Storm victims desperate

10,000 sign petition for immediate cash relief

MORE than 10,000 victims of super typhoon “Yolanda” and their supporters have signed a petition urging President Benigno Aquino III to provide P40,000 in immediate financial assistance to every affected family, citing the government’s “slow and unreliable program” to help them.

The victims urged Malacañang to release the money on or before Feb. 14, saying they needed help desperately.

Recognition. President Benigno
Aquino III, assisted by Social
Welfare Secretary Corazon Soliman,
presents an Award of Recognition to
Noemi Mongaya, one of two survivors
of a helicopter crash in Leyte who
were involved in relief operations
there following the destruction
wreaked by super typhoon “Yolanda.”
Mongaya received her award during
the Department of Social Welfare’s
63rd anniversary.
Malacañang Photo Bureau
“It’s been two months since typhoon Yolanda struck the country and the victims are hardly coping. We are homeless, jobless, hungry and sick,” said Patrick Escalona, a typhoon victim in Tacloban City and one of the community leaders of the Alliance of Typhoon Yolanda’s Victims in Tacloban.

“Our children cannot go to school yet. We know there are funds for the victims but we don’t know where the government’s rehabilitation program is headed,” Escalona said.

He made the statement even as Aquino praised Social Welfare Secretary Corazon Soliman for what he said was the hard work and dedication she had shown during the calamities that struck the country during the latter half of 2013.

Aquino praised Soliman during her department’s 63rd anniversary, saying the department had surpassed itself in attending to the needs of the survivors of those calamities.

“Even Secretary Soliman, there were times that she would already close her eyes, but she would nod her head and answer,” Aquino said.

“But sometimes I also have to pause and wait for her to open her eyes.”

Vice President Jejomar Binay said the National Housing Authority will provide some 60,000 permanent housing units to the survivors of Yolanda in six regions covering 14 provinces and 171 cities and municipalities from 2014 to 2016.

Binay, who heads the Housing and Urban Development Coordinating Council, said the groundbreaking will be held in eight projects sites in Leyte and Eastern Samar this month.

“The houses to be constructed by the NHA will be permanent homes for the survivors aned will be build on permanent relocation sites,” Binay said.

“The bunkhouses being constructed by the Department of Public Works and Highways are temporary shelters.”

Yolanda devastated the Visayas on Nov. 8 last year, and to this day dead bodies are still being recovered by the dozen daily. Over 90 percent of the casualties in Leyte are unidentified.

The National Disaster Risk Reduction and Management Council has said at least 6,201 people have been reported dead and about 1,785 others are still missing, bringing the death toll to over 8,000. Another 28,628 people were injured.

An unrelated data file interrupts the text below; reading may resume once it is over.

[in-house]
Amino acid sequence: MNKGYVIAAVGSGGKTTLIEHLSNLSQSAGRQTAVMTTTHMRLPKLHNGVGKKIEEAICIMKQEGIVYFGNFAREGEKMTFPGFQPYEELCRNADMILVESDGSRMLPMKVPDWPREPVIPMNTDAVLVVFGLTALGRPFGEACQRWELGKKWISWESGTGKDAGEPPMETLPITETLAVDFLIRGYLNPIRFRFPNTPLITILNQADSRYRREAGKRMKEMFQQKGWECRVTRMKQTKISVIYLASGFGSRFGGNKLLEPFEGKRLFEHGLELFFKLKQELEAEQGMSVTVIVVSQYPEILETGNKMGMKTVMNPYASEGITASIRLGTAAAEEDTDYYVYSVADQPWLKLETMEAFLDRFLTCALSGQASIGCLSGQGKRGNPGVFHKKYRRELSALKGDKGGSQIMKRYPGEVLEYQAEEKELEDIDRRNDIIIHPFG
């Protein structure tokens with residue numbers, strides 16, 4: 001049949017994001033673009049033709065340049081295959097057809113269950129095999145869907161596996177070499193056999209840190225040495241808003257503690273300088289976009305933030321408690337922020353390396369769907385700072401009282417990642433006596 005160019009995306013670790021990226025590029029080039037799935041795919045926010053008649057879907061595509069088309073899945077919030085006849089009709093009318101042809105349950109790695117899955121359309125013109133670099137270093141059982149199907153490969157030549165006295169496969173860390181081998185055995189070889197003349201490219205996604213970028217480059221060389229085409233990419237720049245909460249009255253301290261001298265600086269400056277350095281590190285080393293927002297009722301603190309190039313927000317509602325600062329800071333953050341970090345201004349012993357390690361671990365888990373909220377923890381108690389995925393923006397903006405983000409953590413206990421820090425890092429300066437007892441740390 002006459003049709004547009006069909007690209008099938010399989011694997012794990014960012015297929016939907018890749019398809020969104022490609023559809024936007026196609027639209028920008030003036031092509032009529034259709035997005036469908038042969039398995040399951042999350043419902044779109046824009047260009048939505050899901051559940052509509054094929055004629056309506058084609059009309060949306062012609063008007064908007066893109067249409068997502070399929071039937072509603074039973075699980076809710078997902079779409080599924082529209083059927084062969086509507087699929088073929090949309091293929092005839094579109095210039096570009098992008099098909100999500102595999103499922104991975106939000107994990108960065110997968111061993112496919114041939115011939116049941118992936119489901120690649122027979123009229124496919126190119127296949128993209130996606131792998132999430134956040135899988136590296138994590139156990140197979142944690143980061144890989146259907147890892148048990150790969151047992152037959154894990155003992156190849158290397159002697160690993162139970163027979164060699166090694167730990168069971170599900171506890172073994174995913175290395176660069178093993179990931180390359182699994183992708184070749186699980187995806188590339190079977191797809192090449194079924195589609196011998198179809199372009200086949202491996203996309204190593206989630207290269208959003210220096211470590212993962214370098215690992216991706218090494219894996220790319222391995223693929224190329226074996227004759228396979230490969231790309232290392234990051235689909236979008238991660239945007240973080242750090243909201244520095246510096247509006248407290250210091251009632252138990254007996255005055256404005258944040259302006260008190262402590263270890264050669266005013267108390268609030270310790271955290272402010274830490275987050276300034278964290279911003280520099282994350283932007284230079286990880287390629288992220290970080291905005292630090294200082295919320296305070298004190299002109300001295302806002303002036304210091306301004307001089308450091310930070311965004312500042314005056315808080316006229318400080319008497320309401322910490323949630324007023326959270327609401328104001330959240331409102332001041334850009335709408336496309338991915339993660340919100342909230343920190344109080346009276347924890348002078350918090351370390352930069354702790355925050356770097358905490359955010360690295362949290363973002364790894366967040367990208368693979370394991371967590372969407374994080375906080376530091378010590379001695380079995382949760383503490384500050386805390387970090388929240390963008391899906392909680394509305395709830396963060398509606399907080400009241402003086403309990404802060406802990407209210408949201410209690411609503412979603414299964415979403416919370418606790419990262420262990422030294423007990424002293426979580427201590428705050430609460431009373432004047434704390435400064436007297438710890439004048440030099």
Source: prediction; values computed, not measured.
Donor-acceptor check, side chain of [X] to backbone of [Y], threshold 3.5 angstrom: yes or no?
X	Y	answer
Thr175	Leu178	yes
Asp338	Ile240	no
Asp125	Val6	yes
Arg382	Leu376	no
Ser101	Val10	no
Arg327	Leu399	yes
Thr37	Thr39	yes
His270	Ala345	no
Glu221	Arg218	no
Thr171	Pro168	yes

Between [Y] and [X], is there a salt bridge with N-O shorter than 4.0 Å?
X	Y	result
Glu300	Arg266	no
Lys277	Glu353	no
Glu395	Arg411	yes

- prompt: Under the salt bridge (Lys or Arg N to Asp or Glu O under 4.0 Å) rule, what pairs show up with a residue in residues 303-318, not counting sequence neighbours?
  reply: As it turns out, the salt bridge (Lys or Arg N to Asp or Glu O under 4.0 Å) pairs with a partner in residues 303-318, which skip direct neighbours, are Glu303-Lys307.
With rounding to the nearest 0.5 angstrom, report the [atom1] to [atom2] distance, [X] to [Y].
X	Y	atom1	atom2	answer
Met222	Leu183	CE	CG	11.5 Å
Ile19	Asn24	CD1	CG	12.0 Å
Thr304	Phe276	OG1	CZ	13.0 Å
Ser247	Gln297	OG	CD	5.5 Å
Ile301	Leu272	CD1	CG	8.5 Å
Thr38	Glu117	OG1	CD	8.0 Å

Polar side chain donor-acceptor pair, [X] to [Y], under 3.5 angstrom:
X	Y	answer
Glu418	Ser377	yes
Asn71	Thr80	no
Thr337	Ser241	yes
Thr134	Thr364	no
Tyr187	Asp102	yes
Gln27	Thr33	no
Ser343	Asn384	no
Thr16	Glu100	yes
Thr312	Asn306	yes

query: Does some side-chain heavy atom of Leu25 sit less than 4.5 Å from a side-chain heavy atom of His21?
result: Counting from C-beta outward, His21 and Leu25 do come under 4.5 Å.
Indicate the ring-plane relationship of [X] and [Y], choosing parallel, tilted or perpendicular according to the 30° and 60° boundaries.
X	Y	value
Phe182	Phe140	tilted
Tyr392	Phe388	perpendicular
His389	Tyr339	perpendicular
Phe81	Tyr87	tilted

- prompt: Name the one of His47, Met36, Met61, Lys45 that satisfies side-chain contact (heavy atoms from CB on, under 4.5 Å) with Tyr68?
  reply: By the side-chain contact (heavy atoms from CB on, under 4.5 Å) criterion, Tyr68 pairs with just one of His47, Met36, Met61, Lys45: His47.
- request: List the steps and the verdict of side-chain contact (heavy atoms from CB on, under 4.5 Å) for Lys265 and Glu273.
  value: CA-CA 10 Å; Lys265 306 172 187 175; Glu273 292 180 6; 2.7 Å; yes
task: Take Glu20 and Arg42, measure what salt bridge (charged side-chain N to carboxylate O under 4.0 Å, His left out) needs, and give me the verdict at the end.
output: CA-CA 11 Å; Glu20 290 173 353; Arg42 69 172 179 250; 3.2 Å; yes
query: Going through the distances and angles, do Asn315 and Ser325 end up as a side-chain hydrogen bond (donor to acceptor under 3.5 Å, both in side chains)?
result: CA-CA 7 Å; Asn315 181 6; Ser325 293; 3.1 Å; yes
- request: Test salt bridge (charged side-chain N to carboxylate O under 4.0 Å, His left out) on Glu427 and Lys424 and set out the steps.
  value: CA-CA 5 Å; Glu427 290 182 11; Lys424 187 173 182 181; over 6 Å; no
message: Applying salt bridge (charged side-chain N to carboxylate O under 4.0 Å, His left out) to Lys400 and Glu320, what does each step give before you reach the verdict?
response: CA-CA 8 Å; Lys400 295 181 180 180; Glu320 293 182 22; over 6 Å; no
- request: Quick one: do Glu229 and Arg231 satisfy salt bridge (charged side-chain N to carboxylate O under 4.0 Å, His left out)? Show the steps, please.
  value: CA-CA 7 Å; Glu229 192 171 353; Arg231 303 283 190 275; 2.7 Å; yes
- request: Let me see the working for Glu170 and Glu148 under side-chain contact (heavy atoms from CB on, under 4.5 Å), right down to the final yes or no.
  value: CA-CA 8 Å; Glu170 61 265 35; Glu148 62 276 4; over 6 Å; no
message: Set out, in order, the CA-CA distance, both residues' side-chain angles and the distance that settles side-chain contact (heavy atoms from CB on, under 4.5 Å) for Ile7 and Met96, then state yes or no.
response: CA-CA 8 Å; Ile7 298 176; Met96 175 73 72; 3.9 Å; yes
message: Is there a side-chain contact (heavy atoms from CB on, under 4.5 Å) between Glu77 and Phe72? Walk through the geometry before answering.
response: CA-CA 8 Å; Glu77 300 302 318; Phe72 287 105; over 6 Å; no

Yolanda affected 16 million people in 591 towns and 57 cities in 44 provinces, and half of the total dead were from Leyte.

The 10,000 people who signed the petition for aid marked the first time that the victims have directly complained about the Aquino administration’s rehabilitation efforts, while local and international relief groups have criticized the slow distribution of relief goods or favoritism in their distribution.

The Department of Social Welfare and Development has been criticized for hoarding relief goods in Cebu while the Interior Department has been criticized for playing politics in the distribution of aid.

Even the teams of the United States military, the first foreign groups to to arrive in the country, have complained that they could not reach the disaster victims because the roads have not been cleared of debris.

Baroness Valerie Amos, a United Nations relief official, has also complained that UN relief teams could still not reach the victims a week after the typhoon hit the country because of “access and logistical challenges.”

The petitioning victims say the money they are requesting will only suffice for two months for a family of six.

And “given the lack of government control over prices, the prices of basic commodities have increased by as much as 50 to 100 percent in the typhoon-hit areas like Tacloban City,” Escalona said.

“It means that the P40,000 in immediate relief could hardly compensate for the basic food and non-food needs of a six-member family even for a month,” Escalona said in an emailed statement to the Manila Standard.

“We were told that the Aquino government’s rehabilitation program will benefit the typhoon victims, but we were not consulted even once. How will that really work for us? We doubt it would.”

Escalona also criticized the “snail-paced and unsystematic delivery of food packs and shelter relief kits considering the fact that two months have passed since the super typhoon struck the region.”

According to Escalona’s group, thousands of displaced families cannot return home because their houses have been partially or totally destroyed and they do not have the materials to rebuild them.

“Worse, the residents living along the coastal villages cannot go back because their communities have been declared off-limits by no less than the Aquino government,” Escalona said.

“If the government can easily allocate pork barrel funds for congressmen and the President, there is no reason why the same government cannot provide immediate monetary relief to us victims.” With Joyce Pangco Pañares



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